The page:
A NEW STORYTELLING COLLECTION AT ODDS BODKIN’S SHOP

A NEW STORYTELLING COLLECTION AT ODDS BODKIN’S SHOP

“a consummate storyteller”–The New York Times

For parents with kids 8-11, here’s some solid imagination entertainment and non-screen learning for cognitive development of a deeper kind. The APPRENTICE DRIVE contains The Wise Little Girl: Tales of the Feminine; The Odyssey: An Epic Telling; Earthstone: The Eco-Musical; Giant’s Cauldron: Viking Myths of Adventure; The Hidden Grail: Sir Percival and the Fisher King; Stories of Love; and David and Goliath: The Harper and the King.

Nine hours of award-winning audio. A $119.50 value for $79.95.

Visit Odds’ Shop to hear audio samples of everything.

Apprentice Drive (Ages 8-11)

 

 

If You Know Any Librarians in New England…

In my storytelling shows for kids, I always end with a “showstopper” story. That’s one with a song I teach them to sing. Simple phrases. Melodies that stick in kids’ minds so well that for days afterwards, teachers tell me, students sing them in the halls. Rhythms, too, and I mean clap-along or even stomp-on-the-floor beats. This is some of my best material for K-5th graders.

 

So if you know any librarians in New England, pass along the word to them that for this summer I’m offering a special show of nothing but showstopper stories. Three of them in a row, something I’ve never offered before. It’s called AN EXTRAVAGANZA OF FAMILY TALES WITH FUNNY SONGS IN EVERY ONE.

 

Since it’s for libraries, I’m making it extra affordable. Anyone can inquire about it at my web site here.

 

BEOWULF: THE ONLY ONE/A Storyteller’s Creation Notes

When I heard the late Seamus Heaney’s reading of his 2000 translation of Beowulf on CDs, I was so struck by the golden language and Heaney’s glorious lilt I’ve recommended it to folks ever since. If you’ve never heard it, don’t miss it. Appreciative as I was of the original Beowulf’s heraldic detail (many sub-stories of kings and feuds, which go on and on like begats in the Bible), I wondered whether I might be able to create a bardic version of it, as I’ve done with other epics, that simplified the language and content enough to make the old story itself more accessible, while cleaving faithfully to its soul.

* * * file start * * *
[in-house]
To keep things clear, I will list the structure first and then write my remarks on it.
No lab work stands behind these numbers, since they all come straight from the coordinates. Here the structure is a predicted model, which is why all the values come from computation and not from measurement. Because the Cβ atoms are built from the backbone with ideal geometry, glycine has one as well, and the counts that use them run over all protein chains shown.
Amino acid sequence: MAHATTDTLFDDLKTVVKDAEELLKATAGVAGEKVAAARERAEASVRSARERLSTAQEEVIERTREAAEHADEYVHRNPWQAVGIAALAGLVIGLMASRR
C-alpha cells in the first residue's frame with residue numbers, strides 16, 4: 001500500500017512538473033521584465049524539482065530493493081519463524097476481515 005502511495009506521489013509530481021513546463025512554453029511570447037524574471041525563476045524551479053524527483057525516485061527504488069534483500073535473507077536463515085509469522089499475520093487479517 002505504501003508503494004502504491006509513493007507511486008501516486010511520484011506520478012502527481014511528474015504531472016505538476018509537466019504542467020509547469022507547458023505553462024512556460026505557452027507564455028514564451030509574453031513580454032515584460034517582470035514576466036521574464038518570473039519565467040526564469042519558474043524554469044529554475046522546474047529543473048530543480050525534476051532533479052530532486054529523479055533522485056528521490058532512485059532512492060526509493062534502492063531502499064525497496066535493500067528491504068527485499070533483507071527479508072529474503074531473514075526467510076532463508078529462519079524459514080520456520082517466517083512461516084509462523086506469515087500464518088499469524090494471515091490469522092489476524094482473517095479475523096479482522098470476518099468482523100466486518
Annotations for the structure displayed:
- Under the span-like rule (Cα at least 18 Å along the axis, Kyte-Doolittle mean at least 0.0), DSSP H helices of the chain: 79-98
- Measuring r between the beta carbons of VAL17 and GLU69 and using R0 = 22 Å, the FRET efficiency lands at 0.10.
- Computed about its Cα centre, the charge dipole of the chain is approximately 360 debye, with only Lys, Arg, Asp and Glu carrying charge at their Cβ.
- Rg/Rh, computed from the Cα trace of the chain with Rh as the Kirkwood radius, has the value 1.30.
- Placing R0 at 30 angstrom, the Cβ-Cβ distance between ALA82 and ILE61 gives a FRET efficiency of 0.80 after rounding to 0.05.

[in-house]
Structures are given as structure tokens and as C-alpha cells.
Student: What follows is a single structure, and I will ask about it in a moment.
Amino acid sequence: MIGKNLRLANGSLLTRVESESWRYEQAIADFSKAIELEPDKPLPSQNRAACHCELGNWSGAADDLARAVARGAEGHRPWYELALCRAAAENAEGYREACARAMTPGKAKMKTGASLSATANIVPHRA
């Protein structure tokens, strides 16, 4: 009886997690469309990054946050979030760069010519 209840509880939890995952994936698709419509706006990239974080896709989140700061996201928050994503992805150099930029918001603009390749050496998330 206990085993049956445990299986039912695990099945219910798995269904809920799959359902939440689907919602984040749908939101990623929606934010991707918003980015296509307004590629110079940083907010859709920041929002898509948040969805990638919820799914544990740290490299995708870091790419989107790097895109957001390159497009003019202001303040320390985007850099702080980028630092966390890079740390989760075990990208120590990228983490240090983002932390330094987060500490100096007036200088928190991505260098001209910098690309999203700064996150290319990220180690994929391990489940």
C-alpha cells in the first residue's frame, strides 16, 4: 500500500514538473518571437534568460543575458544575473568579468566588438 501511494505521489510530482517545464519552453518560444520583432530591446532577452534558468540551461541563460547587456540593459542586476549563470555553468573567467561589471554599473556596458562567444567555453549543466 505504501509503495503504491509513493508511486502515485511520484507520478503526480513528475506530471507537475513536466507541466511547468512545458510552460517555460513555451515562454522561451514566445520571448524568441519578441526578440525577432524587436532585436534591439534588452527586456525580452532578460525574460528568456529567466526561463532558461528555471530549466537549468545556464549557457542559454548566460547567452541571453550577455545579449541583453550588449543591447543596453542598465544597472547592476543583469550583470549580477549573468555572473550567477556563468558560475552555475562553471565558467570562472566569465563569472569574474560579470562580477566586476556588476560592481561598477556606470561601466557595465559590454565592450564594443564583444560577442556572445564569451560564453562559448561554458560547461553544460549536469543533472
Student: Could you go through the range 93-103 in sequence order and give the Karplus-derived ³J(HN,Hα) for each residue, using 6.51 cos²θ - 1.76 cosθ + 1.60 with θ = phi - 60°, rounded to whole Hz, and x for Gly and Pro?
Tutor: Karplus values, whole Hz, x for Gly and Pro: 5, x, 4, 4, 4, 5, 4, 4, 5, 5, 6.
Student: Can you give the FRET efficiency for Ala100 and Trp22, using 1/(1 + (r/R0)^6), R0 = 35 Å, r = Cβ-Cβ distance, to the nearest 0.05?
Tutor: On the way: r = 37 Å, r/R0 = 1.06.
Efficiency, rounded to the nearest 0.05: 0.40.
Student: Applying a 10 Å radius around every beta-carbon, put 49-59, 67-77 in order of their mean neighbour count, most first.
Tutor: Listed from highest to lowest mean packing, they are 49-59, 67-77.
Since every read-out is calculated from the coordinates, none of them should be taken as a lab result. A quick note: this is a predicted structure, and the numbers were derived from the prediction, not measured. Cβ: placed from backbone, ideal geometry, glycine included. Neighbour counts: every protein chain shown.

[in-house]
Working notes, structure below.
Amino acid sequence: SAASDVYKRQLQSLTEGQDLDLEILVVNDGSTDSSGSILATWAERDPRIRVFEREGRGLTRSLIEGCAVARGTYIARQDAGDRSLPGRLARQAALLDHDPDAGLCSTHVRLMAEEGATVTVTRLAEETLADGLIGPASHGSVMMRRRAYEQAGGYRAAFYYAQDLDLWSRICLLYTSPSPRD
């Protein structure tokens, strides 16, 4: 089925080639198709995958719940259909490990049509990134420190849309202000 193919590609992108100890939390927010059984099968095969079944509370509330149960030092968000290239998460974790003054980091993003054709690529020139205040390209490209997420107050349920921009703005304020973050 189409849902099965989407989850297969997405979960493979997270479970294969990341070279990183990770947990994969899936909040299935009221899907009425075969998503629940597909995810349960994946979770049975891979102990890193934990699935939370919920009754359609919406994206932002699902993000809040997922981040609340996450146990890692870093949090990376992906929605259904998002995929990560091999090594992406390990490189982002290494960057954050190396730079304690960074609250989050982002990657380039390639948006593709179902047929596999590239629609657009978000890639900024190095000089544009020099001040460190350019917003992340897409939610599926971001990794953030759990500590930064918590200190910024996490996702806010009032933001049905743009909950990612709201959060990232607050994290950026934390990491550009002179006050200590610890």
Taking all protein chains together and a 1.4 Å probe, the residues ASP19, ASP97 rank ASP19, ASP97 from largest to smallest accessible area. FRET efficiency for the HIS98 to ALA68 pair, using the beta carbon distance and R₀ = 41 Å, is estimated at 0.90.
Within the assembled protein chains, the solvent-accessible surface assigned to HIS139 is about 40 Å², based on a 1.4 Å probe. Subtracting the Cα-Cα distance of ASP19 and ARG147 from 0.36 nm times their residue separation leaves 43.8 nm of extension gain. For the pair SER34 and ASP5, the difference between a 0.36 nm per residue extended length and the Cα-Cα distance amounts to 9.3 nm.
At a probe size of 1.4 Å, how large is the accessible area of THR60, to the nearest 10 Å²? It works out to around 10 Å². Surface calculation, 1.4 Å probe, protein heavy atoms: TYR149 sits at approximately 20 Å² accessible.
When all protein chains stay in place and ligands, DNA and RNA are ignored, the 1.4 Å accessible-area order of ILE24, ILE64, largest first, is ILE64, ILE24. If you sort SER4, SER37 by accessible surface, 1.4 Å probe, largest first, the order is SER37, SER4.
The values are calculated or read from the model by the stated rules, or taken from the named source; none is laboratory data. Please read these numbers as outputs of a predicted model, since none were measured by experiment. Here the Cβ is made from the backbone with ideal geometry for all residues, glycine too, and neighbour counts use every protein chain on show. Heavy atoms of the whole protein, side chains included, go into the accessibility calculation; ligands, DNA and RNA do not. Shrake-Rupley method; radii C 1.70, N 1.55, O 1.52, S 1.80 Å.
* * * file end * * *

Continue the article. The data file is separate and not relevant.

So a few years ago I set about to create characters and music for it, performed it at the University of New Hampshire once, and a couple of other times since, watching it and its musical score grow in my imagination. I purposefully left out the long-winded heraldic speeches, since unless you’re a medieval scholar they won’t mean much, and instead focused on a few characters. Hrothgar, the old king of the Danes. Grendel, the beast that haunts his mead hall for 12 years, killing men every night. Beowulf himself, of course, honor-bound, preternaturally calm and good-natured in my version, who’s not much of a trickster. Grendel’s Mother, a terrifying demon. Unferth, the drunk who insults Beowulf but ends up lending him his sword. Wyglaf, Beowulf’s faithful cousin, and a few other voices for thanes and thieves. Enough of them, I think, along with the narration and the music, to tell the tale I want to tell, because from my familiarity with various versions, there lies a literary theme in Beowulf that has yet to be explored.

 

 
The theme is this: how, at the end of his life, does a man like Beowulf feel about being “the only one?” He’s the only one brave and grateful enough to journey to Denmark and offer to free Hrothgar of his curse, but also the only one responsible for keeping the peace for fifty years afterwards back home among warring Franks, Friesians and Wylfings. And most heartbreakingly, the only one brave enough to face a fire-dragon that’s awakened, even though Beowulf knows he’s going to die for doing it?

 

 
Mulling this over, and reflecting on Beowulf’s stunning statement (in the original), “Fate often saves an undoomed man if his courage holds,”–my favorite line in the story, which I feature three times in my version in Beowulf’s deep voice–I placed him on the battlements with Wyglaf, wondering aloud whether if something terrible happened now that he’s old himself, if some young man would come to rescue him? Beowulf is not who he was. Still big, but white-bearded and tired of strife.

 

 
Wyglaf says no, and then the dragon appears.

 

 
Beowulf: The Only One will be coming out this fall as a download from my shop at www.oddsbodkin.net. To explore other epics, feel free to visit.